With any loan you're offered, look closely at its terms to ensure it's actually the best fit for you. Be on high alert for any predatory practices, which have historically been an issue with car loans. Not all finance companies want what's best for you—they may intend to finagle a higher interest rate for their own benefit. Even when working with a nonprofit like a credit union, you may still be the only one with your best financial interests at heart.
So, you should pay close attention to your lender. One benefit of borrowing from an established financial institution, or one with which you already have a relationship, is that you may have greater confidence in their customer service and legitimacy. If you go with a dealership loan, find out who the lender actually is (it may or may not be the dealership itself) and research its history.
Remember: Car dealers employ experienced salespeople, and that extends to the financing process. Whether it's through pressure or telling you what you want to hear, the dealership's employees know how to motivate people to accept a deal. If their loan sounds too good to be true, it may be. This is when researching competitors' rates and knowing your own borrowing profile will come in handy.
Know Your Credit Score
The best way to ensure you get the best interest rate is to know your facts. Even if you intend to finance through your car dealership, it can still pay to get preapproved for a loan first through a bank or credit union. A pre-approval is a loan offer that's good for a certain period of time and amount of money. Getting pre-approved will help you determine how much you can afford to spend on a car and what kind of loan interest rate you should expect.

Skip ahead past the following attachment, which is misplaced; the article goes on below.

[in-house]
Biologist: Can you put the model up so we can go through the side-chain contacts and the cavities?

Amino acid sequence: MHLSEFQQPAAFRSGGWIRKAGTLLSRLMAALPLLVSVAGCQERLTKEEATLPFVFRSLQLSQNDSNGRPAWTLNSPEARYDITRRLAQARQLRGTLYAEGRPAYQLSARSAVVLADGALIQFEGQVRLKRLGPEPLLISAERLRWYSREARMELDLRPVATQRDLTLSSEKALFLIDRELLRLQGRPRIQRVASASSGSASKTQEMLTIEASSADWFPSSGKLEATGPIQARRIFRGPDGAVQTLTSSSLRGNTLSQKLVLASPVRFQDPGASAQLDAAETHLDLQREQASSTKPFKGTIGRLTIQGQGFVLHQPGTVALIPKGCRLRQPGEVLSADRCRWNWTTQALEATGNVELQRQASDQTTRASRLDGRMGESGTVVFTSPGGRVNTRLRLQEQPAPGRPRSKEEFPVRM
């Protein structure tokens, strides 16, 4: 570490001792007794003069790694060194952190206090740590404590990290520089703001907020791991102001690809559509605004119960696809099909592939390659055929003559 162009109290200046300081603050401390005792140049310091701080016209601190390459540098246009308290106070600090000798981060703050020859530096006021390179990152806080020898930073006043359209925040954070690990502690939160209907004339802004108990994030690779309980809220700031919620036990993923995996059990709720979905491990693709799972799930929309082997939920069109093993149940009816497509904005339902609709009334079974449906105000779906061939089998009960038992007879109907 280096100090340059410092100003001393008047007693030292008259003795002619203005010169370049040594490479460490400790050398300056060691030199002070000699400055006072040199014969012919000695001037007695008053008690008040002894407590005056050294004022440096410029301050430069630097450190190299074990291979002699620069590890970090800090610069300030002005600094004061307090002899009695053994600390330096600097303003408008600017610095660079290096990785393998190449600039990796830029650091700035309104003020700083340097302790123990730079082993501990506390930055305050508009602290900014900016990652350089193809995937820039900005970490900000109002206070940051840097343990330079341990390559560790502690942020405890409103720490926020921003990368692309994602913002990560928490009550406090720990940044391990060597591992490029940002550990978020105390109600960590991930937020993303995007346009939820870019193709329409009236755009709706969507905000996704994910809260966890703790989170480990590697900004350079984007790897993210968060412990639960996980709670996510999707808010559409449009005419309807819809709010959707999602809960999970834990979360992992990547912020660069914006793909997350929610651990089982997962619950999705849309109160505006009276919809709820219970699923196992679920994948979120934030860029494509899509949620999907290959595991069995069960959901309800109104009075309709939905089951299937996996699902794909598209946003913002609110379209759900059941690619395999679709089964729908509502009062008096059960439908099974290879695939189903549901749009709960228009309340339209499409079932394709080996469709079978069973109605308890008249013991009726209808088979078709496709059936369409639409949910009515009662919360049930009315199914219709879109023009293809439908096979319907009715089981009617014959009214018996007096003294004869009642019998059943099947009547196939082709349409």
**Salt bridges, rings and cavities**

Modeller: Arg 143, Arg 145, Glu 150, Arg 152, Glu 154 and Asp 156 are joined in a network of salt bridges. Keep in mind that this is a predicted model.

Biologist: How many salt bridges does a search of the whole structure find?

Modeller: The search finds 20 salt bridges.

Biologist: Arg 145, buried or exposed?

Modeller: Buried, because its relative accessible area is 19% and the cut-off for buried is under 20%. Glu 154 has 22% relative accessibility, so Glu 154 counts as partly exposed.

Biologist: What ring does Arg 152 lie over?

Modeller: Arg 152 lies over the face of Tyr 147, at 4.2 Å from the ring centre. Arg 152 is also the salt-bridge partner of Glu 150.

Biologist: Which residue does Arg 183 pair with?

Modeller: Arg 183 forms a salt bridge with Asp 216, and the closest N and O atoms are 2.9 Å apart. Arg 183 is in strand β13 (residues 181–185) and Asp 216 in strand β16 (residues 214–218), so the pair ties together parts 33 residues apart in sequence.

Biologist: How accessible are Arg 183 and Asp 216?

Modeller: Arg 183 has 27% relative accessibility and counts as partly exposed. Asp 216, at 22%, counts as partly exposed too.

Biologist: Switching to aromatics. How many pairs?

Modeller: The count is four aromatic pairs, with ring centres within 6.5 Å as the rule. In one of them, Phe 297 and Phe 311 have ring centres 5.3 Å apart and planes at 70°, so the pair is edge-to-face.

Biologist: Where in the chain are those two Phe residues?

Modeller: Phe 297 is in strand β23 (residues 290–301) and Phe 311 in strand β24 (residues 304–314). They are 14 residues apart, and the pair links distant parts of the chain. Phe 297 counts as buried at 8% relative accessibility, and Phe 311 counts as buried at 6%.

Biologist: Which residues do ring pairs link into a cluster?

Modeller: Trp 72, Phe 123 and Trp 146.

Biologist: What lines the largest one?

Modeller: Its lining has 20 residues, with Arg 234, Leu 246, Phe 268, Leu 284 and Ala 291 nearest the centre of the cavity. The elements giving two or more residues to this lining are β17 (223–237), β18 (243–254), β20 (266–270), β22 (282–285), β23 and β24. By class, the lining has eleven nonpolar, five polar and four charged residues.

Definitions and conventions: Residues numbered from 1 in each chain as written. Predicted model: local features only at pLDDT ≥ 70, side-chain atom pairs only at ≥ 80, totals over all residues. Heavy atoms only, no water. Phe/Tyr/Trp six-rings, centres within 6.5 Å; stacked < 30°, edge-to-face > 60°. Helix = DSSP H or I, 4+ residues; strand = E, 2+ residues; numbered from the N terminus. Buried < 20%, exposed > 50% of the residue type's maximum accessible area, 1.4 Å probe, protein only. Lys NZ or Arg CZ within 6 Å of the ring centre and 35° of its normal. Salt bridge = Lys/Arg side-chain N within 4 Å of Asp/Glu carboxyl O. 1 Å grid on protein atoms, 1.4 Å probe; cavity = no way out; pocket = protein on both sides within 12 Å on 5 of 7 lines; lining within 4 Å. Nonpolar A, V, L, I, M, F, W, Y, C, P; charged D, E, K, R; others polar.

You should go through this process before going to the dealer. You will need to fill out a loan application, but since a pre-approval isn't binding, for you or the financial institution, you can always go with the lender's financing offer if it's a better deal. In fact, having a pre-approval in hand can be a solid negotiation tactic. If its terms are better than the dealer's, you can ask the dealer to match them or sweeten its offer.
If you don't get pre-approved, at least pull your credit report before you start the car buying process to know whether you have poor credit or good credit. You can do this with a service like CreditKarma. Your credit score plays a big part in the type of loan offers you'll receive. The better your score (they range from 300 to 800), the better your loan's interest rate and terms will likely be. Don't simply rely on a lender looking at your score and credit history. It's true that the score can vary depending on whether they use Experian or Fico to pull your credit, but you also need to remember that they are salespeople with a job to do. What they tell or offer you may be a tactic to get you to sign with them.